1911 Encyclopædia Britannica/Shahjahanpur
SHAHJAHANPUR, a city and district of British India, in the Bareilly division of the United Provinces. The city is on the left bank of the river Deoha or Garra, 507 ft. above the sea-level, with a station on the Oudh and Rohilkhand railway, 768 m. N.W. of Calcutta, and a military cantonment. Pop. (1901) 75,128. It was founded in 1647 during the reign of Shah Jahan, whose name it bears, by Nawab Bahadur Khan, a Pathan. His mosque is the only building of antiquarian interest. There is a manufacture of sugar, but no great trade.
The District of Shahjahanpur has an area of 1727 sq. m. It consists of a long and narrow tract running up from the Ganges towards the Himalayas, and is for the most part level and without any hills. The principal rivers are the Gumti, Khanaut, Garai and Ramganga. To the north-east the country resembles the tarai in the preponderance of waste and forest over cultivated land, in the sparseness of population and in general unhealthiness. Between the Gumti and the Khanaut the country varies from a rather wild and unhealthy northern region to a densely inhabited tract in the south, with a productive soil cultivated with sugar-cane and other remunerative crops. The section between the Deoha and Garai comprises much marshy land;but south of the Garai, and between it and the Ramganga, the soil is mostly of a sandy nature. From the Ramganga to the Ganges in the south is a continuous low country of marshy patches, alternating with a hard clayey soil that requires much irrigation in parts. Shahjahanpur contains a number of jhils or lakes, which afford irrigation for the spring crops. The climate is very similar to that of most parts of Oudh and Rohilkhand, but moister than that of the Doab. The annual rainfall averages about 37 in. In 1901 the population was 921,535. The principal crops are wheat, rice, pulse, millets, sugar-cane and poppy. The district suffered very severely from the famine of 1877–1879. It is traversed by the Lucknow-Bareilly section of the Oudh and Rohilkhand railway, with a branch northwards from Shahjahanpur city. At Rosa is a large sugar refinery and rum distillery.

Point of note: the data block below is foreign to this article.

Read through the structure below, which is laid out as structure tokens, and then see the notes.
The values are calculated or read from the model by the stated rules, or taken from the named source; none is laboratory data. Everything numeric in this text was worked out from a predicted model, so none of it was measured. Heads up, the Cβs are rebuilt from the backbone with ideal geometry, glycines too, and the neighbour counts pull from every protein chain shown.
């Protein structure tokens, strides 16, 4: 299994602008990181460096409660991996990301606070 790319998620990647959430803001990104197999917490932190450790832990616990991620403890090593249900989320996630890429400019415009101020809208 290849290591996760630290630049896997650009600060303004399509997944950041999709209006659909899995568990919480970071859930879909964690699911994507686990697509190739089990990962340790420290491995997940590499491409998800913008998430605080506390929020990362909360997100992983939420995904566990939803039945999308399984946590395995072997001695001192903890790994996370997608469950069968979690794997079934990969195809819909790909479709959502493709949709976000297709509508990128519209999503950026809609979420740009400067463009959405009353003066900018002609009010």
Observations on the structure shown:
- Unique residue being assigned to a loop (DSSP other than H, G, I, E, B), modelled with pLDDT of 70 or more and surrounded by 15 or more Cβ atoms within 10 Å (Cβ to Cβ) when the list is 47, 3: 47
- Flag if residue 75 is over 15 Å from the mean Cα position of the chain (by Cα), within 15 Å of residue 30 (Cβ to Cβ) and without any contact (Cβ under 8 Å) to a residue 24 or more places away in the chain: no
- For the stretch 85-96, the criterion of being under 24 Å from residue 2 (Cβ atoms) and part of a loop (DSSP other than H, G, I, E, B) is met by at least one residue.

Shahjahanpur was ceded to the English by the nawab of Oudh in 1801. During the Mutiny of 1857 it became the scene of open rebellion. The Europeans were attacked when in church; three were shot down, but the remainder, aided by a hundred faithful sepoys, escaped. The force under Lord Clyde put a stop to the anarchy in April 1858, and shortly afterwards peace and authority were restored.